A massive river-swept sycamore root forms the main supporting pedestal for a cantilevered top created from old growth white oak which has been laying on the bottom of Georgian Bay for the last 150 years.
These materials, also used for the four matching benches, have taken unorthodox routes to our woodshop. The root base and bench legs come from a Southern Ontario sycamore tree swept into a river and caught up by ice flow. It was a casualty of the intensifying industrial row crop agriculture which is eroding the soil on the riverbanks. A sapling is planted for each tree salvaged from the rivers. The table and bench tops were made from white oak originally growing over a millennium ago. In the 19th century, while flowing down the Great Lakes by the millions and heading to England to become ships and other structures, thousands of logs sunk to the bottom of the lakes where the low oxygen and cold waters protected them. These logs are being harvested and dried and, similar to the sycamore, are being used to create wood furnishings without felling new trees.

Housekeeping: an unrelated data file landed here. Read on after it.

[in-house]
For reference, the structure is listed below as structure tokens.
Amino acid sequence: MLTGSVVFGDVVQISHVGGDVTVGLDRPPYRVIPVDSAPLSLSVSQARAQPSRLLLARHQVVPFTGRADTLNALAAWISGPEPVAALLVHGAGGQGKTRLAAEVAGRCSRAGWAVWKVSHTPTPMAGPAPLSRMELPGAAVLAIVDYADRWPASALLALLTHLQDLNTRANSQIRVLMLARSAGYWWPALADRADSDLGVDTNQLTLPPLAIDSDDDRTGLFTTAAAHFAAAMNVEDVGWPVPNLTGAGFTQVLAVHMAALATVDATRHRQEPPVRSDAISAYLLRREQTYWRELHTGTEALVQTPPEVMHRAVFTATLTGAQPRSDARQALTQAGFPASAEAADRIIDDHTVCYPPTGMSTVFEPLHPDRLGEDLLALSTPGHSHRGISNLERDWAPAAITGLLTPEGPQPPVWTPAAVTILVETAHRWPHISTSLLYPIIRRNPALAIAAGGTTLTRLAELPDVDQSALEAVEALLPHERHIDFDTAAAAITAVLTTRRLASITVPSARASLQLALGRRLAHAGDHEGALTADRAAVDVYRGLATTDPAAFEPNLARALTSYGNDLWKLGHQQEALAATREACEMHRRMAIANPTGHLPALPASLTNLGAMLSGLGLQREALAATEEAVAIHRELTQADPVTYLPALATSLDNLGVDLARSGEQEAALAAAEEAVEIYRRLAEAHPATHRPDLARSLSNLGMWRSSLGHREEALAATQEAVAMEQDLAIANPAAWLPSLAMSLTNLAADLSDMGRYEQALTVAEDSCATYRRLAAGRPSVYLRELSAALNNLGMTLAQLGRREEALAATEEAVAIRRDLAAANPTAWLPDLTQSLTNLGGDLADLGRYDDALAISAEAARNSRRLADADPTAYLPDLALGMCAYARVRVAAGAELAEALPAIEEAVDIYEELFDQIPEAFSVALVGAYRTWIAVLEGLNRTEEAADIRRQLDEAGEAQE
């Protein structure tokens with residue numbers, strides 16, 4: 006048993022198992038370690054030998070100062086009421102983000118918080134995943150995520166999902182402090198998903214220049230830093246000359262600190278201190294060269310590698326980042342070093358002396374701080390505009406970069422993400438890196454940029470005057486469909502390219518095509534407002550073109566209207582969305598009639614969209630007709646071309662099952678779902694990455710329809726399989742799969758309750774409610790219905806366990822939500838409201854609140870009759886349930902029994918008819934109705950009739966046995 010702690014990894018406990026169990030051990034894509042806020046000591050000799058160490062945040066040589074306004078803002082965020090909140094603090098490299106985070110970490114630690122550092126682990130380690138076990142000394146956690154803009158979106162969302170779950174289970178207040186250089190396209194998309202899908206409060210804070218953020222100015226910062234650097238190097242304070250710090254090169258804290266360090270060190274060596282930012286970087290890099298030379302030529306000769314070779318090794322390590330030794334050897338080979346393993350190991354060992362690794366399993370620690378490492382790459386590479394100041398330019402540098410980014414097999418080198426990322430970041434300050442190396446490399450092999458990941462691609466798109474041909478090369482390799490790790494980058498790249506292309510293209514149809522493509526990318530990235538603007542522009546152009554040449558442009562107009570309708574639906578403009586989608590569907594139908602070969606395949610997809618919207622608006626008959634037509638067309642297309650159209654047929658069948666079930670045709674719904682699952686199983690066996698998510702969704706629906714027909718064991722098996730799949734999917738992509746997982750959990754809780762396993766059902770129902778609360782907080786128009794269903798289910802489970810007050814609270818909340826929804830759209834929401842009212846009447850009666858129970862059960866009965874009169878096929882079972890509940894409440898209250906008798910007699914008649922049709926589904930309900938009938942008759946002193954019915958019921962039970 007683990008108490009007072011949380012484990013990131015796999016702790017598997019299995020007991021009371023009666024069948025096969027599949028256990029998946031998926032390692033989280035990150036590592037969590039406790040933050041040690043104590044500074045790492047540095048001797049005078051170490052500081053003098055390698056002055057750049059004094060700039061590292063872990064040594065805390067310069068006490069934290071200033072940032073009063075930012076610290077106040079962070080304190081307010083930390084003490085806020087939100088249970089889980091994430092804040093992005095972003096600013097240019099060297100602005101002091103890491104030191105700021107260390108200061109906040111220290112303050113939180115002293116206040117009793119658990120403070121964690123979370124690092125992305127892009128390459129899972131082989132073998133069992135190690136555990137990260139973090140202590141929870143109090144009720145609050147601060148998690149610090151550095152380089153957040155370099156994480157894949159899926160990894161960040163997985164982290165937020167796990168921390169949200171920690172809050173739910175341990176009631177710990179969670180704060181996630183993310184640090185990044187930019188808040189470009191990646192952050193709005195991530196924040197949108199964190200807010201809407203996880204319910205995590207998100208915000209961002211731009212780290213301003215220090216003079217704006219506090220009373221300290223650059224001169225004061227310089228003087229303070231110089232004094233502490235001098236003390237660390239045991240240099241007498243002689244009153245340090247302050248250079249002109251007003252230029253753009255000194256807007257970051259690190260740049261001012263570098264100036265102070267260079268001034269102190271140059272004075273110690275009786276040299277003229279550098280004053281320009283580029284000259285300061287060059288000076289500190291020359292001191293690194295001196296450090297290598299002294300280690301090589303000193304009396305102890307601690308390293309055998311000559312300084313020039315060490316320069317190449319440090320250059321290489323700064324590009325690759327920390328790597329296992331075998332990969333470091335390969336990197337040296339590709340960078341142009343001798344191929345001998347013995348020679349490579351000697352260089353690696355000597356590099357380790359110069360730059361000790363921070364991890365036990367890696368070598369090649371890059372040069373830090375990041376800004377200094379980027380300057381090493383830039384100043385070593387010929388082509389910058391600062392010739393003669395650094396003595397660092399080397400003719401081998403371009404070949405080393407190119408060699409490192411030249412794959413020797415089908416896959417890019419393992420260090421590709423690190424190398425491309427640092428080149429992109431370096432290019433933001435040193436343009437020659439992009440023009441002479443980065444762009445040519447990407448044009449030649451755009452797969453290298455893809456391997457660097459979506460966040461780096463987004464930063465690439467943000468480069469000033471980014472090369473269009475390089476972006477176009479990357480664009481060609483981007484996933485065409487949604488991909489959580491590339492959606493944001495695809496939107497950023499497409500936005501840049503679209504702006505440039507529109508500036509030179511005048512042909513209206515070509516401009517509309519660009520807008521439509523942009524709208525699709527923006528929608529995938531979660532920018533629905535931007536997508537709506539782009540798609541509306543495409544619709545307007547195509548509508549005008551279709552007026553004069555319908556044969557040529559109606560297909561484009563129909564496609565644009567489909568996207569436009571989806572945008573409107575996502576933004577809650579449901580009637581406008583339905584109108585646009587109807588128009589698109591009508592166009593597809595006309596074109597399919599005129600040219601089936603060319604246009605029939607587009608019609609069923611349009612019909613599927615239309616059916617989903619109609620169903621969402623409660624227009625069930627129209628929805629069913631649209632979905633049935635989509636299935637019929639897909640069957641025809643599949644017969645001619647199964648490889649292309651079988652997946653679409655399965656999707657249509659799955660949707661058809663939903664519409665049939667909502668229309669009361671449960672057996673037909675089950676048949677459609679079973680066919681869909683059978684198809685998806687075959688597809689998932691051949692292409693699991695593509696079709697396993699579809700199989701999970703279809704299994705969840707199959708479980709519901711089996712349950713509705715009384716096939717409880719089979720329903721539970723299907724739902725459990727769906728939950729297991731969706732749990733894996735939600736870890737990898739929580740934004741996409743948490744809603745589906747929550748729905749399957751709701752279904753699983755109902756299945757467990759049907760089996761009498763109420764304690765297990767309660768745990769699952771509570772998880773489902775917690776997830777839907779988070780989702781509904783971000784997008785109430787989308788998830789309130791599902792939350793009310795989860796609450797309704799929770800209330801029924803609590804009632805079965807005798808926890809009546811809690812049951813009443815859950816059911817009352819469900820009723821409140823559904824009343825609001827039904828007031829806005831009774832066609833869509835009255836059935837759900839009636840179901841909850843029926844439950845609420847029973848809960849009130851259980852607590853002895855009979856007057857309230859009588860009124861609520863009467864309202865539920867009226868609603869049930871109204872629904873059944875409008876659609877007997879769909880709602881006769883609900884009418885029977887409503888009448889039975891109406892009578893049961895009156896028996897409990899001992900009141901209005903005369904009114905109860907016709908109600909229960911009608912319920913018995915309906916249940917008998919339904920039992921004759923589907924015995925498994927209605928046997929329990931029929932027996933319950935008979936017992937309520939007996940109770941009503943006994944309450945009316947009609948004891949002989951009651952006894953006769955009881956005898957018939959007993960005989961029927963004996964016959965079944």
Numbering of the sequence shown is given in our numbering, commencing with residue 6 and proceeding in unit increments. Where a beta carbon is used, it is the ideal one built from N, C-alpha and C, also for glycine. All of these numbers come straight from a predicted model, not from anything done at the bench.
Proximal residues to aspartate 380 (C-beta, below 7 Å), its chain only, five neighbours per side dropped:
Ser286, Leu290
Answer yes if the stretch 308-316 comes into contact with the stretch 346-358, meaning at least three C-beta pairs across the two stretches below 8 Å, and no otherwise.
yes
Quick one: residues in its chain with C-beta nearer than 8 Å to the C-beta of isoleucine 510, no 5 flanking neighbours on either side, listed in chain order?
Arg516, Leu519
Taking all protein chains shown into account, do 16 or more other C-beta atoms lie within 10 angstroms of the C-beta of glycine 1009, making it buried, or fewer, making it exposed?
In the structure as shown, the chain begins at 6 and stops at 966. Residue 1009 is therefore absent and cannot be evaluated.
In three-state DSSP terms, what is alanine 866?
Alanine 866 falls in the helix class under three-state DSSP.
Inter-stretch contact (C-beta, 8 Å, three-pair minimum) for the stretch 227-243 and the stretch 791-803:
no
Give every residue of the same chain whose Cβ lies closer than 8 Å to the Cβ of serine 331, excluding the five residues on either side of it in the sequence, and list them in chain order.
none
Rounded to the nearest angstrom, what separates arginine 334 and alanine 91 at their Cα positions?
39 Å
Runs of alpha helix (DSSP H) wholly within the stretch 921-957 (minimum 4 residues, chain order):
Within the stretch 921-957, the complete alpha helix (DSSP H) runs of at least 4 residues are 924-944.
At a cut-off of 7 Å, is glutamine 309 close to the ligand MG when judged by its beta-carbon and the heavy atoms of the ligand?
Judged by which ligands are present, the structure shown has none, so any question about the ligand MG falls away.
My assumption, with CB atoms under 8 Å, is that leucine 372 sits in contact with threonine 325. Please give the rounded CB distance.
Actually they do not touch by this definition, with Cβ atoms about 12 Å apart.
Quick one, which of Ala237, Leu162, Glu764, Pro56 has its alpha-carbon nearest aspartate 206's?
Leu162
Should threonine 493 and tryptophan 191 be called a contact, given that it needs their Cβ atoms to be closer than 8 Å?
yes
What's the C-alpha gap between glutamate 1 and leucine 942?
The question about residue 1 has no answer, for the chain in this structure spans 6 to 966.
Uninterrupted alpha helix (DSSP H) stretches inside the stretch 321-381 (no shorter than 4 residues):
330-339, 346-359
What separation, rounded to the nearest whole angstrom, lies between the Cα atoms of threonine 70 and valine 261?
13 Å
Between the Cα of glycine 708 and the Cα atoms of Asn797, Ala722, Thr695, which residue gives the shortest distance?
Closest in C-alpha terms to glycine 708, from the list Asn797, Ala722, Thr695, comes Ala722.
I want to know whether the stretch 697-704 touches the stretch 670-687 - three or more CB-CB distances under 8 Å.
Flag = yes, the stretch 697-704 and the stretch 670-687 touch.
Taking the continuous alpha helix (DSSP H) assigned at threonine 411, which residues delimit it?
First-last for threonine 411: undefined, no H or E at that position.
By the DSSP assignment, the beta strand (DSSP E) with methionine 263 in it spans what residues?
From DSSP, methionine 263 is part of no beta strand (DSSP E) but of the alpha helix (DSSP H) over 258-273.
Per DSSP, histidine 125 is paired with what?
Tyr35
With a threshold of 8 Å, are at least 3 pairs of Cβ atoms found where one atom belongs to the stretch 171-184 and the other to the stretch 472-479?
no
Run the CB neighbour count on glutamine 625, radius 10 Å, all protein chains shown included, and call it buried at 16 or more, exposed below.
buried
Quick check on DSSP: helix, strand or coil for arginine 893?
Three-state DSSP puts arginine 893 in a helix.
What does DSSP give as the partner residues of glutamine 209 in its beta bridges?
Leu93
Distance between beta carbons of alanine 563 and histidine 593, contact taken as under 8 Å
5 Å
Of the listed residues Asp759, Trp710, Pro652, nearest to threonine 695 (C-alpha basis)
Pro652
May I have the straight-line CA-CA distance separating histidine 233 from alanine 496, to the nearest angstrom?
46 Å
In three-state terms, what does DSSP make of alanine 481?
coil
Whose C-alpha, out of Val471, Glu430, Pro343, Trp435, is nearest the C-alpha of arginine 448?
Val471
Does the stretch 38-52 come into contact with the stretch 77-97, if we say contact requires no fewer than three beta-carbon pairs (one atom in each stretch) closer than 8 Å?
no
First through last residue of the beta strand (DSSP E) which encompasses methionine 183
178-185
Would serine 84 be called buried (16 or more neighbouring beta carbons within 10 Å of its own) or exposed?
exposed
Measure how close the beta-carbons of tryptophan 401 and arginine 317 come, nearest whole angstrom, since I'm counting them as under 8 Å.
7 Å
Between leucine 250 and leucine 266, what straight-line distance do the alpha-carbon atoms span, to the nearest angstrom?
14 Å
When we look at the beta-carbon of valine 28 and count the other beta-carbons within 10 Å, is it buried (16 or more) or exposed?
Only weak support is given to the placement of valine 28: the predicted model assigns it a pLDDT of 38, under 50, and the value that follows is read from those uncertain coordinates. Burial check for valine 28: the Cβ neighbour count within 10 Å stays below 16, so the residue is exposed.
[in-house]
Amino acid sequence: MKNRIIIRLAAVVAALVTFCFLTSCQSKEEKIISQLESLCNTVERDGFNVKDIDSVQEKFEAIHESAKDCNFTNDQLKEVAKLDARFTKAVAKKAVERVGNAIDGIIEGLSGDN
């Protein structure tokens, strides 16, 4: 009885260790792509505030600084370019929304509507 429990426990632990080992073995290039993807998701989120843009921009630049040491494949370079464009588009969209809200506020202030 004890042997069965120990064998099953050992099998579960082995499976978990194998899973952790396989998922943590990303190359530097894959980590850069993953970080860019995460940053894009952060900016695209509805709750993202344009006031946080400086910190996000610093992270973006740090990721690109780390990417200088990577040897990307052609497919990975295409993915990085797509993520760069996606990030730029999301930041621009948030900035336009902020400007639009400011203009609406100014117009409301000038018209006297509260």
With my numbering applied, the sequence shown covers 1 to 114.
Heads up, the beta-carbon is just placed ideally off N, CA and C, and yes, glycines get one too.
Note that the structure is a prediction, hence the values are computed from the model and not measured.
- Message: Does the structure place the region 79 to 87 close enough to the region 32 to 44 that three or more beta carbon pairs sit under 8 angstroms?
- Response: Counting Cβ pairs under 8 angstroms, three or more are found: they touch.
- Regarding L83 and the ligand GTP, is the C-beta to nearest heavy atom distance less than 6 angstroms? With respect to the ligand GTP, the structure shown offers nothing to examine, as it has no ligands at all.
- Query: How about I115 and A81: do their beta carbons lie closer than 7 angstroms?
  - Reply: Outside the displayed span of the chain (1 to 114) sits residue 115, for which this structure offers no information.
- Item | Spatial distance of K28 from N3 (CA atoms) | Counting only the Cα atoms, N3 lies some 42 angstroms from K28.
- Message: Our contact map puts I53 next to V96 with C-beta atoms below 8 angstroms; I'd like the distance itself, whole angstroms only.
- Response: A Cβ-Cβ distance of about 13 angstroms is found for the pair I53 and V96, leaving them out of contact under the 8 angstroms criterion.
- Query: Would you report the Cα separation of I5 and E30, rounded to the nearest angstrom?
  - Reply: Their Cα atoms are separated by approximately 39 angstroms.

Single root table with ash top
This two-root based table is graced with a walnut top.